This site started in October 2012 after I left Tasmanian Times*. This is my second "annual" list of the most popular articles of the year and other stats trivia, but obviously the first one to cover a full year ... and what a year in Australian elections and poll-watching it has been!
For the first half of the year I was using the Stats function in Blogger to keep track of site activity. However, the Stats function has a number of drawbacks. Not only is it very prone to hits from automated, non-authentic traffic (including pulses of up to 300 hits at a time), but there is a thing called vampirestat that swamps your post visit stats as a claimed source of site visits. Sites where articles are frequently edited (as mine are to add updates) seem to be unusually prone to getting their site stats clogged by vampirestat.
Another drawback with the Blogger Stats function is that it actually misses (or loses) genuine hits. In late July I started using Google Analytics. I'd read before that because Google Analytics does a better job of not counting non-genuine traffic, it tends to return lower hit totals (to the dismay of some blog-owners' egos). But in my case the totals returned by Analytics have been substantially higher, even if only counting unique user hits.
In future I expect to only use Google Analytics for tracking site stats.
The ten most popular articles this year (sorted by number of visits) have been:
1. Federal Election Late Counting Thread
This whopper followed the progress of post-counting of the House of Representatives from the day after the election until the final declaration of the poll for Fairfax nearly two months later. Probably in retrospect I should have given the Fairfax process a thread of its own after the initial very close result was released, but I didn't realise quite how prolonged and interesting it was going to be.
2. Federal Election Late Counting: Tasmanian Senate
Another often-updated and eventually unwieldy whopper that followed the twists and turns and complexities of the Tasmanian Senate post-count that led to the victory of PUP's Jacqui Lambie by a very narrow margin over the Sex Party and narrow margins over the Liberals and Family First. Complete with flowchart. Some really nice modelling by various people in the comments too. The most fiendishly complex post-count I've ever tried to model.
3. LegCo: Pembroke, Nelson and Montgomery Candidates
Initially called "LegCo: Two Early Challengers", this article started out with a comparison of the Legislative Council candidacy announcements of Allison Ritchie (Ind ex-ALP, Pembroke) and Tom Baxter (Green, Nelson). It gradually morphed into a complete LegCo candidate guide. It corrected some glossing-over of Allison Ritchie's past in the local media, leading to more accurate coverage of that issue.
4. WA Senate Squeaker
Followed developments in the WA Senate post-count from the button press through the Court of Disputed Returns court case (and may continue to do so as further events unfold.) Also debunked some dubious claims about the results and has hopefully done its bit to highlight both the many absurdities of the situation and the unacceptability of the PUP/ALP proposal to let the original count remain. Of course I was far from alone in doing this.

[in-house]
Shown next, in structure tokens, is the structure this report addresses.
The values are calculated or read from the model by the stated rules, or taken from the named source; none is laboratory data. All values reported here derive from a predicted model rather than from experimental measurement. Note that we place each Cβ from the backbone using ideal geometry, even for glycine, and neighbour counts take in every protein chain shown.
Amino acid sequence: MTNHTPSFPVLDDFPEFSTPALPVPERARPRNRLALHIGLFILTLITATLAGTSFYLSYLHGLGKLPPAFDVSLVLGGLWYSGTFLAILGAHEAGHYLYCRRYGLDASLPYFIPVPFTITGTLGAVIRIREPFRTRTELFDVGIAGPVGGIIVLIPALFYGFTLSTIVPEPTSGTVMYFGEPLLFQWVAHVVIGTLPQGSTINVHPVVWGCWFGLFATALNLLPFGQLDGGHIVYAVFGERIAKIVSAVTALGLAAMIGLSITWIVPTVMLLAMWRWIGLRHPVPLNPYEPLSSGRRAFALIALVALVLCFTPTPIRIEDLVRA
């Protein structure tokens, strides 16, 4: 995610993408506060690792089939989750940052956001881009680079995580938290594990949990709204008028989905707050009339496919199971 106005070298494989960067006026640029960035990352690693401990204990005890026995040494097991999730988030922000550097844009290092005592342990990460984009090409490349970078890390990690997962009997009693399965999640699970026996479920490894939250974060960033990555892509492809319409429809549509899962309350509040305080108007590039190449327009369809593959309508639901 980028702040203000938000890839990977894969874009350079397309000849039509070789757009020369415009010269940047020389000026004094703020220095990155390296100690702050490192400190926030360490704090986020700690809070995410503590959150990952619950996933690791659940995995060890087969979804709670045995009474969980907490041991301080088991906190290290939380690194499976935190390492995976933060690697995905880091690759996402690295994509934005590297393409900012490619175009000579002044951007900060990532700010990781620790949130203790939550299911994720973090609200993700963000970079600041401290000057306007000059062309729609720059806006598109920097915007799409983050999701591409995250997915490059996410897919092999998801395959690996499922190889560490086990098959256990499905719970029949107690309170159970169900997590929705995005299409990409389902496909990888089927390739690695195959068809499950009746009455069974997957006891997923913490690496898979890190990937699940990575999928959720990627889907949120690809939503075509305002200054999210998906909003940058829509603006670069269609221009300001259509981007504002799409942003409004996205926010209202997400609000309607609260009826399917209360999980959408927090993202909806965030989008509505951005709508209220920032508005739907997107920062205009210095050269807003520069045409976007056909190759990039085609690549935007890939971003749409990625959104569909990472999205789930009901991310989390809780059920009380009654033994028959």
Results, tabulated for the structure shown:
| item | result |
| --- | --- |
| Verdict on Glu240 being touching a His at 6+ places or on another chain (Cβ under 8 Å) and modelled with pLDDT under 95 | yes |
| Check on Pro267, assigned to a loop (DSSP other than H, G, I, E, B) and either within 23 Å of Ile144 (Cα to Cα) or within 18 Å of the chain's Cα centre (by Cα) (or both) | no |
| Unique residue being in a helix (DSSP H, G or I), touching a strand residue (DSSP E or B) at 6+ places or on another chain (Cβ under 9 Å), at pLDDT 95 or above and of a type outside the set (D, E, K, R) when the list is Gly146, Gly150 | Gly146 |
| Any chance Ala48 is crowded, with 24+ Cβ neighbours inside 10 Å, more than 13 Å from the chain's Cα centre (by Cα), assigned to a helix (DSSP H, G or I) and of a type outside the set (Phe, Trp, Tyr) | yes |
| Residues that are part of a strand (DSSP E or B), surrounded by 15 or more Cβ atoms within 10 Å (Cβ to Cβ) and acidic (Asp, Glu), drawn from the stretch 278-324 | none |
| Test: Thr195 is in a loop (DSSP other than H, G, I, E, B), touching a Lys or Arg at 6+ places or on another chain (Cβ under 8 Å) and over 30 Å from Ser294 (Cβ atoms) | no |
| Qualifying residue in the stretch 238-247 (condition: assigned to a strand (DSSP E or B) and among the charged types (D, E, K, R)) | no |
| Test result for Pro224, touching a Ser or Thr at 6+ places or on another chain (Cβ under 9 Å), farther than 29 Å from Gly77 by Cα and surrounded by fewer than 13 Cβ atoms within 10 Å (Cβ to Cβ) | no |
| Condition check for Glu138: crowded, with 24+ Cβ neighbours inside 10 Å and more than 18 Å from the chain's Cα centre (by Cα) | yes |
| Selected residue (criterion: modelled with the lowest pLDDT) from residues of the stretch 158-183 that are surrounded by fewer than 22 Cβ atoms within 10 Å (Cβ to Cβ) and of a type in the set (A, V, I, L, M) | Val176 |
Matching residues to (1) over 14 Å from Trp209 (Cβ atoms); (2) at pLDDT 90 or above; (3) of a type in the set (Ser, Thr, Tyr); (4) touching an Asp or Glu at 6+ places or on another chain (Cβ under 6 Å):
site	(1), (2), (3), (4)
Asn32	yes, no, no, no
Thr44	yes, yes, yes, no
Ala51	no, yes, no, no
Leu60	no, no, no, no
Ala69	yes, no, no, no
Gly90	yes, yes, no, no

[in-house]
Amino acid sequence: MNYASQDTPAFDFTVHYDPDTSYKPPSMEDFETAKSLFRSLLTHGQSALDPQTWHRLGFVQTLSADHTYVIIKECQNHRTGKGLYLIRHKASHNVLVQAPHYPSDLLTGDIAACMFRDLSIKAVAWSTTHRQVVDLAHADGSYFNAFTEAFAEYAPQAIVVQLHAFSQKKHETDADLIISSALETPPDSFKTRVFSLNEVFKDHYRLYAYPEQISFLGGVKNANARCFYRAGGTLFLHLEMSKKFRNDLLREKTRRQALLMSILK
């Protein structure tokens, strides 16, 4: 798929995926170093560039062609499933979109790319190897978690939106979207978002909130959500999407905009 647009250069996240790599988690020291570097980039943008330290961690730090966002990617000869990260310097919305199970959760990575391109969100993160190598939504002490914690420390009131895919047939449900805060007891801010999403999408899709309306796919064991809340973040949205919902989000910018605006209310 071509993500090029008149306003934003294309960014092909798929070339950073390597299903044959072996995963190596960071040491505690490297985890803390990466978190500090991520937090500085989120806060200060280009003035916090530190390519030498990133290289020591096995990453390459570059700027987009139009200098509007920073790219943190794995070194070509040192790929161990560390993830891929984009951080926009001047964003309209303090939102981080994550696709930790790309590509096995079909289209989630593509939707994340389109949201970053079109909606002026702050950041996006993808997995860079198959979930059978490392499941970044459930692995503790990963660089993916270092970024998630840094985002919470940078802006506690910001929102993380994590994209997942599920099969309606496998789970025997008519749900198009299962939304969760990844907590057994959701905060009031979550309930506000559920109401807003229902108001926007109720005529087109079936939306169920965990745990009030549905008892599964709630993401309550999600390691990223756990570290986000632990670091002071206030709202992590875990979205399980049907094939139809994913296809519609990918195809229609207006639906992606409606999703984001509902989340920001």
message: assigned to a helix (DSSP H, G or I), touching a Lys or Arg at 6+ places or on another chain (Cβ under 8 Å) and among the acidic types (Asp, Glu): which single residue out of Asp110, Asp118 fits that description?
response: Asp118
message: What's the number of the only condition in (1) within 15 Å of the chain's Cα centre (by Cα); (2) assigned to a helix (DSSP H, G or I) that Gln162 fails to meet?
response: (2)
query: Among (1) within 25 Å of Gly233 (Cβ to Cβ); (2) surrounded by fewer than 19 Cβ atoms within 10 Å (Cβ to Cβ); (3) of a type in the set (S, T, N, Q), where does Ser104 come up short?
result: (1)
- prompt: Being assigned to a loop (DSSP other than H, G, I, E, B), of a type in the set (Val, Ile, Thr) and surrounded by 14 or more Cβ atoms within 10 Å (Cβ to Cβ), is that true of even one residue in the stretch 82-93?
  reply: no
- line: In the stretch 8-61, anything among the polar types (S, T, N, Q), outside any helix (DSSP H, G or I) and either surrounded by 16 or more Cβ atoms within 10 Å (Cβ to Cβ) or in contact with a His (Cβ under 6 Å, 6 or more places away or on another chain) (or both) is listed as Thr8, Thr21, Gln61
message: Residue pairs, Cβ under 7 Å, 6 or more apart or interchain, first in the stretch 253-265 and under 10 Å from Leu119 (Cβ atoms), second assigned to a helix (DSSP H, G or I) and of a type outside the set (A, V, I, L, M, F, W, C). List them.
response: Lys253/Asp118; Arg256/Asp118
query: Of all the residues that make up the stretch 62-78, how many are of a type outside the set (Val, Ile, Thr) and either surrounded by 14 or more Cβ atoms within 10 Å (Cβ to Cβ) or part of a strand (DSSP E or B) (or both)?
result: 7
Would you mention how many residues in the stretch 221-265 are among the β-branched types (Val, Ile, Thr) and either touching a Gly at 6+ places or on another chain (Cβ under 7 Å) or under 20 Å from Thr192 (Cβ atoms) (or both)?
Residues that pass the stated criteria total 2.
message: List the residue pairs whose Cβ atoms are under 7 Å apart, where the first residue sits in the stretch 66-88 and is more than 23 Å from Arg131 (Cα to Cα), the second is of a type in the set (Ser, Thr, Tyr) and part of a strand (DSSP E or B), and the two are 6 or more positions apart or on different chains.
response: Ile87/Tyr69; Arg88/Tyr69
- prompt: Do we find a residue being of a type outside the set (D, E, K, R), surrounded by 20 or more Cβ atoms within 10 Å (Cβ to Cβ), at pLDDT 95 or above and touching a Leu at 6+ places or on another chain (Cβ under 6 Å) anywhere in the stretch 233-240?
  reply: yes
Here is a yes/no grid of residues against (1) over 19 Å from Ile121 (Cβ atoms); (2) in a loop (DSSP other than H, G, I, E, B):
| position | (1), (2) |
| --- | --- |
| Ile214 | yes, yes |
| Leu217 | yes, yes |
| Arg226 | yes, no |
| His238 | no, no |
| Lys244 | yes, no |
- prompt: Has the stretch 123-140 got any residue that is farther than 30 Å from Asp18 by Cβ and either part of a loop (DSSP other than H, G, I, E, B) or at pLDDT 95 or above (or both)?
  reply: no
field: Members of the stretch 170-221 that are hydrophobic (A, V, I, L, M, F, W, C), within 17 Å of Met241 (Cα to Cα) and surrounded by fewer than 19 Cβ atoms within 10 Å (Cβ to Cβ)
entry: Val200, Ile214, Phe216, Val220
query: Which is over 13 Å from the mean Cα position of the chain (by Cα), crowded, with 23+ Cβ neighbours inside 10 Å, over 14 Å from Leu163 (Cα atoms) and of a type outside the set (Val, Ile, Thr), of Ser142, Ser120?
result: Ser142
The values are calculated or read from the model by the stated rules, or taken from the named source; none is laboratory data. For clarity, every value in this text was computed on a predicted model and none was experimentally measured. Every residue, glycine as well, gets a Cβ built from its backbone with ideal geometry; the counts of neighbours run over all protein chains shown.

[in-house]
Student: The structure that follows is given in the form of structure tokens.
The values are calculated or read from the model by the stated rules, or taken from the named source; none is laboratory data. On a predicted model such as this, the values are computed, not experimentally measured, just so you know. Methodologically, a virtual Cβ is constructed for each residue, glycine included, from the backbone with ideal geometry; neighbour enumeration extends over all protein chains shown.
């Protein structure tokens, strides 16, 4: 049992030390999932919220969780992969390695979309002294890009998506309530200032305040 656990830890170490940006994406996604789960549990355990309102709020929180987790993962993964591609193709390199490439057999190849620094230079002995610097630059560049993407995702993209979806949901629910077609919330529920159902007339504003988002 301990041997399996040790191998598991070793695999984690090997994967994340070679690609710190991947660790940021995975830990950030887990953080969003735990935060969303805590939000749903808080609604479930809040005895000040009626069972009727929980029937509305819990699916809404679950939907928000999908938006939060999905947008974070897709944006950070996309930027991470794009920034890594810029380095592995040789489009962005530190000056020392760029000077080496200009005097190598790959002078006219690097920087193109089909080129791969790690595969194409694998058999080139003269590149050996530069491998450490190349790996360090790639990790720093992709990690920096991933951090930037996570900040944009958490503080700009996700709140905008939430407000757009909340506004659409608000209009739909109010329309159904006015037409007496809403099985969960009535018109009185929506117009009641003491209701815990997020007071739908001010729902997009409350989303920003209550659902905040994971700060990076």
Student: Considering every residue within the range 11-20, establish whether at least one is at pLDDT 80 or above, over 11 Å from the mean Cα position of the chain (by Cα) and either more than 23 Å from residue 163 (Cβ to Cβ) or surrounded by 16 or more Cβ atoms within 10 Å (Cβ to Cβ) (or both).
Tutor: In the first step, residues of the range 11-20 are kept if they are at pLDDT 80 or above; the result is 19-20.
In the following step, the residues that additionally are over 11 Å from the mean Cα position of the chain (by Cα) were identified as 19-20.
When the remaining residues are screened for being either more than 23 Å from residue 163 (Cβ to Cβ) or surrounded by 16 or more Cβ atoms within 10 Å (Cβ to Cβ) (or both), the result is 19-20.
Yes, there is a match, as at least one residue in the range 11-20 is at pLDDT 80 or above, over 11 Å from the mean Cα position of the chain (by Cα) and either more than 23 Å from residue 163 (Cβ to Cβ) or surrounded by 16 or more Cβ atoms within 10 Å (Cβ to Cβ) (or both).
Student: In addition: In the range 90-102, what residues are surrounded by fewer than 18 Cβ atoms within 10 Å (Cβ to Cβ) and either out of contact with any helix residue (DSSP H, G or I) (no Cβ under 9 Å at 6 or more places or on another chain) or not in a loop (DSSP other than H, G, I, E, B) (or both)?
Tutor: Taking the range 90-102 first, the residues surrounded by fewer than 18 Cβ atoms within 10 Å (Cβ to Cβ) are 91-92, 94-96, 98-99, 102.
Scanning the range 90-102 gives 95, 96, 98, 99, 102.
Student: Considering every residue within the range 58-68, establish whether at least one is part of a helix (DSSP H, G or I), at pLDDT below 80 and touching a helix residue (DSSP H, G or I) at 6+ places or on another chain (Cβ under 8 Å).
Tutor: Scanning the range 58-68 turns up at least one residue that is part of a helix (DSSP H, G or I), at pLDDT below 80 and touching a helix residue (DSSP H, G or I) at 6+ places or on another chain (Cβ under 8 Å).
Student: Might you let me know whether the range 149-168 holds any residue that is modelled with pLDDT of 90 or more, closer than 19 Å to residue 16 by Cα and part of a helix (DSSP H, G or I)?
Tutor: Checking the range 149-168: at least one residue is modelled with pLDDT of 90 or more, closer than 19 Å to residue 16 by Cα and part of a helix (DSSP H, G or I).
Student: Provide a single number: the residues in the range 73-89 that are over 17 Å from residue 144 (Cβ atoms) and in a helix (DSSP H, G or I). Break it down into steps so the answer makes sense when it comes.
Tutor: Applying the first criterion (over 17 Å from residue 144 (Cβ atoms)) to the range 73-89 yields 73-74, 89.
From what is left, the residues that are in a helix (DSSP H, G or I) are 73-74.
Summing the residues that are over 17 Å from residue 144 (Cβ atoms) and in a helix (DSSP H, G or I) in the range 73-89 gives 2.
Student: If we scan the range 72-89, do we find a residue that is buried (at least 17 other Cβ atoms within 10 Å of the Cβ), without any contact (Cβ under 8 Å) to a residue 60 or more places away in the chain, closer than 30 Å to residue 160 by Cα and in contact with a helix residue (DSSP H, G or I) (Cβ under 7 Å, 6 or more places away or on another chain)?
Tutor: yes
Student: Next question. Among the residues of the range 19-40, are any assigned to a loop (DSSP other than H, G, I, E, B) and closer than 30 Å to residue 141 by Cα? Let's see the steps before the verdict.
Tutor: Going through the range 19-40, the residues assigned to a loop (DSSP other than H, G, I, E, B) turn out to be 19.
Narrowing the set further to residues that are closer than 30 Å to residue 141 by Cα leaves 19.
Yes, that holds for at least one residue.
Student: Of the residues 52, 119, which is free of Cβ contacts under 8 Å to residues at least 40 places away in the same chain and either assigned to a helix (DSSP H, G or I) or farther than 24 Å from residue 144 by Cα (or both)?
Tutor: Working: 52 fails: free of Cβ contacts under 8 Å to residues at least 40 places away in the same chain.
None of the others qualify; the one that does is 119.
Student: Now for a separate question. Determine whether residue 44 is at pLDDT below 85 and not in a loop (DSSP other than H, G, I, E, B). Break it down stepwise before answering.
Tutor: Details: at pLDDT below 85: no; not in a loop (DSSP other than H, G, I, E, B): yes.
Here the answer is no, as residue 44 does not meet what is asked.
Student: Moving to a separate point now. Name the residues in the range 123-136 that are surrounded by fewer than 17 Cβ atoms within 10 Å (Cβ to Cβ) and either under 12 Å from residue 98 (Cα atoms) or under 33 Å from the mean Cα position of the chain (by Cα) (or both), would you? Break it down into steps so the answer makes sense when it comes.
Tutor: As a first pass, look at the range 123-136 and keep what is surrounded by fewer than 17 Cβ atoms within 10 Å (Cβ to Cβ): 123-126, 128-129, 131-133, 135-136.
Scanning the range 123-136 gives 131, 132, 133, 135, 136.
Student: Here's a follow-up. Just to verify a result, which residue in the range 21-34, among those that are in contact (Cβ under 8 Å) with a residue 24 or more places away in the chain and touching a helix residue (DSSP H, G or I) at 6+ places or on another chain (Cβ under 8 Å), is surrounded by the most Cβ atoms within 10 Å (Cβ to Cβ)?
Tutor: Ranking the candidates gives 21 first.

5. If You Care About Gay Rights, Vote Below The Line in The Tasmanian Senate
The most necessary article published here this year. This article brought to widespread attention the remarkable and disquieting fact that above-the-line preference allocations by almost every party on the Tasmanian Senate ballot paper had put Family First candidate Peter Madden, a strident anti-gay campaigner who supports Russia's anti-gay laws, in a very competitive position in the Tasmanian Senate race. This included the Greens ludicrously preferencing Madden 18th out of 54. In the end, it was close: while this article was probably not the cause of his defeat, Madden missed out by less than a thousand votes at the key exclusion.
6. Abbott Fastest Ever To Lose Poll Lead
The most retweeted article of the year; possibly also the most widely linked on forums and other sites, and fourth on unique pageviews. This article analysed polling in December 2013 in which the Abbott government became the fastest new government to lose the two-party preferred polling lead in Australian polling history.
7. LegCo Live Comments and Post-Poll Discussion
Live coverage and post-poll comments for the three Tasmanian Legislative Council seats that went to the polls this year.
8. Prospects for the Tasmanian Senate Race
Long and often updated piece that tried to project the outcome of the Tasmanian Senate contest in the months leading up to polling day. Very messy and eventually a predictive dud, partly because I was so busy in the days leading up to the election that I did not get around to re-running Senate projections. Perhaps had I done so I would have seen that PUP were a big threat despite a deeply average preference flow; perhaps not.
9. Tasmanian Senate Seat Goes To The Button - Lambie (PUP) Wins
Covered the end of the Tasmanian Senate race and analysed the results; also provided a list of absurdities generated by the Senate voting and counting systems in this instance.
10. A Field Guide to Australian Opinion Pollsters
Someone asked if this existed so I decided to create it. A basic resource piece providing details about different pollsters and polling issues and my impressions of the quality of different polls.